Decayed, missing, filled primary/permanent teeth score is globally the most important index for assessing the status of dental health [39]. The decayed, missing, filled primary/permanent teeth score value increases with age [40, 41]. This trend is confirmed in our study. In our cohort, the number of decayed, missing due to caries, and/or filled teeth was similar in patients and in controls, despite the eldest control being 6 years senior to the eldest patient. This finding suggests better dental health of the controls compared to age-matched individuals with CHH. In addition to the individual’s hygiene and dietary habits, medication and systemic diseases may affect saliva secretion and thus are also important in the development of dental decay [42].

Loose joints are an inherent feature of CHH [4]. Joint hypermobility in turn is a risk factor for temporomandibular disorders [43]. In our study, however, temporomandibular joint dysfunction was not more prevalent in individuals with CHH as compared to the controls. We have previously shown that the jaws of individuals with CHH are shorter than the average of age-matched general population, but proportionate to each other [44]. In the current study, 70% of the patients displayed an ideal occlusion and the malocclusion prevalence did not differ significantly between the patient and control groups. Distal bite was the most common malocclusion of the patients with CHH (30%) followed by lateral crossbite (22%). Previous studies report a 18% prevalence of lateral crossbite in Finnish adult population [45].

Finally, a number of important limitations need to be considered. First is the possible selection bias of both the patients and controls, as individuals conscious of their oral health would be expected to enroll for an examination. The control group included dental clinic staff members, who would be likely to maintain good oral hygiene practices thereby influencing bleeding on probing, community periodontal index, and decayed, missing, filled primary/permanent teeth score. Assessment of oral hygiene practices and nutrition was not included in the study. Sensitivity of the clinical oral examination in detecting dysplastic and malignant oral lesions has been found to be good, whereas the specificity is poor [46] and must be interpreted with caution. Histological diagnosis is needed to verify the clinical diagnosis of mucosal lesions for better specificity. The oral mucosal lesions in this study were examined by a specialist in oral mucosal diseases and no need for biopsy was deemed. In addition, with a small sample size, findings might not be transferable to the whole CHH population.


The importance and originality of this study is that this is the first report on oral health of individuals with CHH. Due to the prevalent occurrence of deep periodontal pockets and mucosal lesions, routine intraoral examination at regular intervals should be recommended to all patients. Information gained from this study can be used to develop targeted interventions aimed at improving health of individuals with CHH.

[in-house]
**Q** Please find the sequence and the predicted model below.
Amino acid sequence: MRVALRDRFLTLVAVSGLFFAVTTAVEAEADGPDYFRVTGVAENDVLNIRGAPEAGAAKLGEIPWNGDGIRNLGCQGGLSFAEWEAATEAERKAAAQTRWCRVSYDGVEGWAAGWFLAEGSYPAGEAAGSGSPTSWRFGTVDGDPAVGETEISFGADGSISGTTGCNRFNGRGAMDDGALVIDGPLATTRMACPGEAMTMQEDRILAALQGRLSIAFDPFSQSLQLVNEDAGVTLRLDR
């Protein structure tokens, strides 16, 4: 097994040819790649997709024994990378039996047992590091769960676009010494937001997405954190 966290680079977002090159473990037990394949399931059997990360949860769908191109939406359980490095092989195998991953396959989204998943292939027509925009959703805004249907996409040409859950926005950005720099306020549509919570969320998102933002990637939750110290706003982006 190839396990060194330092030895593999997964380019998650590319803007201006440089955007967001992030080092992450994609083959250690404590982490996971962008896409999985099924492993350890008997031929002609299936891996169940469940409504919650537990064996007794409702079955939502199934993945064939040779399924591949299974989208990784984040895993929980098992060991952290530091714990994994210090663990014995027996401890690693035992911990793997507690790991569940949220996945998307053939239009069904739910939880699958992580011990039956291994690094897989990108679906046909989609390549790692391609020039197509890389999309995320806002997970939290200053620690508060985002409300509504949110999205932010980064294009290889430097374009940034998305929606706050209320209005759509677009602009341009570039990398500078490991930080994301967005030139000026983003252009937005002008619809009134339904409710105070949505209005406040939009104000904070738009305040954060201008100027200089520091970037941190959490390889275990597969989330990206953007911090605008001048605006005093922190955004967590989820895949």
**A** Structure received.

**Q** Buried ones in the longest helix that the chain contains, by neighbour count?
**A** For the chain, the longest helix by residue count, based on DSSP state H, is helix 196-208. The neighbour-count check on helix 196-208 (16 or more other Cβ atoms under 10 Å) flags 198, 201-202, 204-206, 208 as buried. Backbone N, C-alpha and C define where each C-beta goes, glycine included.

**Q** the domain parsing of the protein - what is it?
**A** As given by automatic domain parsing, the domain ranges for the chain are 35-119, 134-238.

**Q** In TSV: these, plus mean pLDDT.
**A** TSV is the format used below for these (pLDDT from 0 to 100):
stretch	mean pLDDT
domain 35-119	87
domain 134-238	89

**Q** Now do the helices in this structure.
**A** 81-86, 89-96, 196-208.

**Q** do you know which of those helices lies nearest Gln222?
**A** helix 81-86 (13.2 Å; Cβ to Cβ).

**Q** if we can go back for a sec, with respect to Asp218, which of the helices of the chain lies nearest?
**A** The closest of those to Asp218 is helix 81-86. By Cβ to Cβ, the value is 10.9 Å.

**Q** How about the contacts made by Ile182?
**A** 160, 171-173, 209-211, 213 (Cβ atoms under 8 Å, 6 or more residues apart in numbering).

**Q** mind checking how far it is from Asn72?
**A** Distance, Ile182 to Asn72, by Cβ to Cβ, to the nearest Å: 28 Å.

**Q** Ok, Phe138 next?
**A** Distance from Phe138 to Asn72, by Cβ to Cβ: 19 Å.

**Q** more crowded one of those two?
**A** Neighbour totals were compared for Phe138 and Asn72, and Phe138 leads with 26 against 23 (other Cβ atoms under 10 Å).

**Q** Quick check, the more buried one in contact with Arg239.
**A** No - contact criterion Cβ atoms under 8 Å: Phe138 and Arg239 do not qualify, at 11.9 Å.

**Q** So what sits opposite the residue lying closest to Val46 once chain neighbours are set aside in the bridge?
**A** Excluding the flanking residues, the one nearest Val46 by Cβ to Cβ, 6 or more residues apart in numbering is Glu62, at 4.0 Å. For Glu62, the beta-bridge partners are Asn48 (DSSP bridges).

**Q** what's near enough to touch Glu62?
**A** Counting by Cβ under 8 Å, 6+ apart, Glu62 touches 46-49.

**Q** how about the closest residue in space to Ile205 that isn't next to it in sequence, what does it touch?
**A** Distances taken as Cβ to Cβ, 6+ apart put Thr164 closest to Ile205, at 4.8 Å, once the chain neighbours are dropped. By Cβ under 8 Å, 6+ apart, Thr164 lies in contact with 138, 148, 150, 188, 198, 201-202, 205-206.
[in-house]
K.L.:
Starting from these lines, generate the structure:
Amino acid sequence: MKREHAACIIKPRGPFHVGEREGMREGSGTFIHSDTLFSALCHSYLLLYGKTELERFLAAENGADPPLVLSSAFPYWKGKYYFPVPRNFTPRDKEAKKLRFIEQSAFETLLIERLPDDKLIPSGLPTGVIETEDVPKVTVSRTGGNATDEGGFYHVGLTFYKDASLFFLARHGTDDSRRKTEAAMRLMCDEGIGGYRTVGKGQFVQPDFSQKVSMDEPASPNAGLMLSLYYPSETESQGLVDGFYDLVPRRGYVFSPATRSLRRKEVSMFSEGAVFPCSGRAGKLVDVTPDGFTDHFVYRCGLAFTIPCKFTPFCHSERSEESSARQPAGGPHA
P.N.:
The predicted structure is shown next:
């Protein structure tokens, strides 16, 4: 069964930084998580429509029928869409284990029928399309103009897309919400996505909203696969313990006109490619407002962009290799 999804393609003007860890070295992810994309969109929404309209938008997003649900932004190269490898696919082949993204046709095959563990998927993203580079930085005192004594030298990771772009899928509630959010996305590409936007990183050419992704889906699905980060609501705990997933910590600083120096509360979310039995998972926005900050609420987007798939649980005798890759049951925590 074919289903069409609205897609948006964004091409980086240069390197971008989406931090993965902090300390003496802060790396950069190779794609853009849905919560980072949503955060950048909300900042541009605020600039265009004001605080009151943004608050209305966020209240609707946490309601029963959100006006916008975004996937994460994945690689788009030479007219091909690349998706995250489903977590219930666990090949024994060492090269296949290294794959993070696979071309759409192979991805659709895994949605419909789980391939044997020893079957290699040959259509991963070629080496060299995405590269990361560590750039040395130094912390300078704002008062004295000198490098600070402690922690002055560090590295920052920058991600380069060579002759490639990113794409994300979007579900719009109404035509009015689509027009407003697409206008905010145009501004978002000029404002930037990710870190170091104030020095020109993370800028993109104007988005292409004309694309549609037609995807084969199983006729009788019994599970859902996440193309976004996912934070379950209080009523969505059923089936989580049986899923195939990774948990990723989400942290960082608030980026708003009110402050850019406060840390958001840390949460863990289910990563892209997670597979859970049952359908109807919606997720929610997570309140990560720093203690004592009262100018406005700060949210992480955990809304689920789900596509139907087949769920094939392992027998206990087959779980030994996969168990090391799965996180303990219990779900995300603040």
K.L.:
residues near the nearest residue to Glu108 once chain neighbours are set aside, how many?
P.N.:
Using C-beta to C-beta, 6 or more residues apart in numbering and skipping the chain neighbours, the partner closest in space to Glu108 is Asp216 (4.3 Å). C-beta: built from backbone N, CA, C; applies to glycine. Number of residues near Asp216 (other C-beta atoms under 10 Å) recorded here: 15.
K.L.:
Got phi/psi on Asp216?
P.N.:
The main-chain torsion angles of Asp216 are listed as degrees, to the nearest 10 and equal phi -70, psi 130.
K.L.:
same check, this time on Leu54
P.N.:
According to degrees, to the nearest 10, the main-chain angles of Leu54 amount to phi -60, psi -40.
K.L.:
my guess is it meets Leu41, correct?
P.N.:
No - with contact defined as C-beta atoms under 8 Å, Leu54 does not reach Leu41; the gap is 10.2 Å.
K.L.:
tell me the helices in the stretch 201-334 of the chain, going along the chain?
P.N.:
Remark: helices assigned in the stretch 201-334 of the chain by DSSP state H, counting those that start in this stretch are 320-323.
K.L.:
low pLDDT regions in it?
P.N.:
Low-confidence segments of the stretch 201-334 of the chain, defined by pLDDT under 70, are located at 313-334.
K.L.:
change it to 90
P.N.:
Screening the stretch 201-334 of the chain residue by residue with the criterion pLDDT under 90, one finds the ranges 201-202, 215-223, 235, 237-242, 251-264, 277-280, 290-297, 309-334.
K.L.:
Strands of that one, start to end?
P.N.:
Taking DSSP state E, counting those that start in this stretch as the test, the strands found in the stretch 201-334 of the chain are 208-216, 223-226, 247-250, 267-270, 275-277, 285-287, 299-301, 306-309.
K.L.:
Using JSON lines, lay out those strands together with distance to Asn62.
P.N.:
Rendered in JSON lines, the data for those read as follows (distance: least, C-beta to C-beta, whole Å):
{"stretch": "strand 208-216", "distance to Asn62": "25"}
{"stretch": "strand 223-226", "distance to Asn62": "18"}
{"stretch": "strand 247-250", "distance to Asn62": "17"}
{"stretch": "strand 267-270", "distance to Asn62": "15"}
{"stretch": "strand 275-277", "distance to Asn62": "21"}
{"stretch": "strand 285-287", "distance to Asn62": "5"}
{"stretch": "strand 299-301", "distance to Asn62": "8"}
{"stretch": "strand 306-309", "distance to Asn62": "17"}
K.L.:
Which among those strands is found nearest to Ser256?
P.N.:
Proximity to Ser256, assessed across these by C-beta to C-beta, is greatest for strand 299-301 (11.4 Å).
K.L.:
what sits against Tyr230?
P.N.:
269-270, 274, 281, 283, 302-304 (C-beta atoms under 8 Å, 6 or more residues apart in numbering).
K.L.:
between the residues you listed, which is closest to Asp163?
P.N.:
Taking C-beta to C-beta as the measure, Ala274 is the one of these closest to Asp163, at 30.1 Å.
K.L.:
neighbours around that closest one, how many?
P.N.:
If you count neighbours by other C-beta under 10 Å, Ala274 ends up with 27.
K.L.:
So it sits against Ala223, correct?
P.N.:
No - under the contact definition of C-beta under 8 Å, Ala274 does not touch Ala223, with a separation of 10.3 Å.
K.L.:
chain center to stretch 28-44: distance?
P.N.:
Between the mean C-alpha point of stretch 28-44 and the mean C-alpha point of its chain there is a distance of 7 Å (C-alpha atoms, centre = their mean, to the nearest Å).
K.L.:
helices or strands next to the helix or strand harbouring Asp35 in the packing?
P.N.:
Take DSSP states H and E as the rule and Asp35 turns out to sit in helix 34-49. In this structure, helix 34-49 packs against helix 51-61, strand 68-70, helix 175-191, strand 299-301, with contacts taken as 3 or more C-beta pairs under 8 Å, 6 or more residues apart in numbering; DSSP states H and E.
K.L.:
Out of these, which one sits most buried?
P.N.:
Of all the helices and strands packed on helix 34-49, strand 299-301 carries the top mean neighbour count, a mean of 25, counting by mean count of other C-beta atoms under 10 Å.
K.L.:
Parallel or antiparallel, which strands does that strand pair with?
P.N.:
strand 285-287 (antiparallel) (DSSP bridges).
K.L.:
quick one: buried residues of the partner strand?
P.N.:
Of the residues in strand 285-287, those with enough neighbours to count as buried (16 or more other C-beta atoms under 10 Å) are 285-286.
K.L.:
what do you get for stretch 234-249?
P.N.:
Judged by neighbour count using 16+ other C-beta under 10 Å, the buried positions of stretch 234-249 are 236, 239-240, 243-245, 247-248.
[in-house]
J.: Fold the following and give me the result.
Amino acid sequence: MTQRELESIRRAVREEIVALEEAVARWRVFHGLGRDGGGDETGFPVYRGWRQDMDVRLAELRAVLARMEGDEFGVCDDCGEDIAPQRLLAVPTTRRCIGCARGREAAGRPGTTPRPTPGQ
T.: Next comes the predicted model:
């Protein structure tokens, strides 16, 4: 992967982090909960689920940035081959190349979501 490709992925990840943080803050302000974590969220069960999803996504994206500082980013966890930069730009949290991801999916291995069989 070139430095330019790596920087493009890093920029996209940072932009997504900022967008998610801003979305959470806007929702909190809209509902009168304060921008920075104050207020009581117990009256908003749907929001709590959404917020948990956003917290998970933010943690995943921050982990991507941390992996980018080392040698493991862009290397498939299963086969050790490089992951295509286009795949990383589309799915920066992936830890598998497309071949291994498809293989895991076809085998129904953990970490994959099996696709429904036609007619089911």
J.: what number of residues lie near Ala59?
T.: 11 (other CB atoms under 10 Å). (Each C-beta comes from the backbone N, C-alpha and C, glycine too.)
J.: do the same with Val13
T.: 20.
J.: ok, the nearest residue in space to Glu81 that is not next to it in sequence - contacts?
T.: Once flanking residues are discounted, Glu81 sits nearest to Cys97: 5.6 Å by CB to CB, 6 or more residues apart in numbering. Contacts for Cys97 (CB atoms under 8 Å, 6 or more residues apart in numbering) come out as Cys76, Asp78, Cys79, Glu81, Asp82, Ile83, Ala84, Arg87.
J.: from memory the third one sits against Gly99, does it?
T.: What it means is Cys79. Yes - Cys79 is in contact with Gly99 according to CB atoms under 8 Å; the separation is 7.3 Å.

Data Availability

The datasets used and/or analysed during the current study are included in this published article. All data generated are available from the corresponding author on reasonable request.



Bleeding on probing


Cartilage-hair hypoplasia


decayed, missing, filled primary/permanent teeth


Matrix metalloproteinase


temporomandibular joint dysfunction


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This work was supported by: Academy of Finland and Finnish Dental Society (personal grant to HA). Foundation for Pediatric Research, Helsinki University Hospital Research Funds, and Sigrid Jusélius Foundation (grant to OM). The funders had no involvement in study design, the collection, analysis, and interpretation of data, the writing of the report; and/or the decision to submit the manuscript for publication.

Open Access funding provided by University of Helsinki including Helsinki University Central Hospital.

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All authors contributed to the study conception and design. Material preparation and data collection were performed by HA and SV. Data analysis were performed by HA, SV, JR, and OM. Resources and supervision were provided by OM. The first draft of the manuscript was written by HA. All authors contributed to, read, and approved the final manuscript.

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Correspondence to Heidi Arponen.

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This study was performed in line with the principles of the Declaration of Helsinki. Approval was granted by the Ethics Committee of the Hospital District of Helsinki and Uusimaa (HUS836/2018). Informed consent was obtained from all the participants or their legal guardians.

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Arponen, H., Vakkilainen, S., Rautava, J. et al. Oral findings in patients with cartilage-hair hypoplasia - cross-sectional observational study. Orphanet J Rare Dis 18, 147 (2023).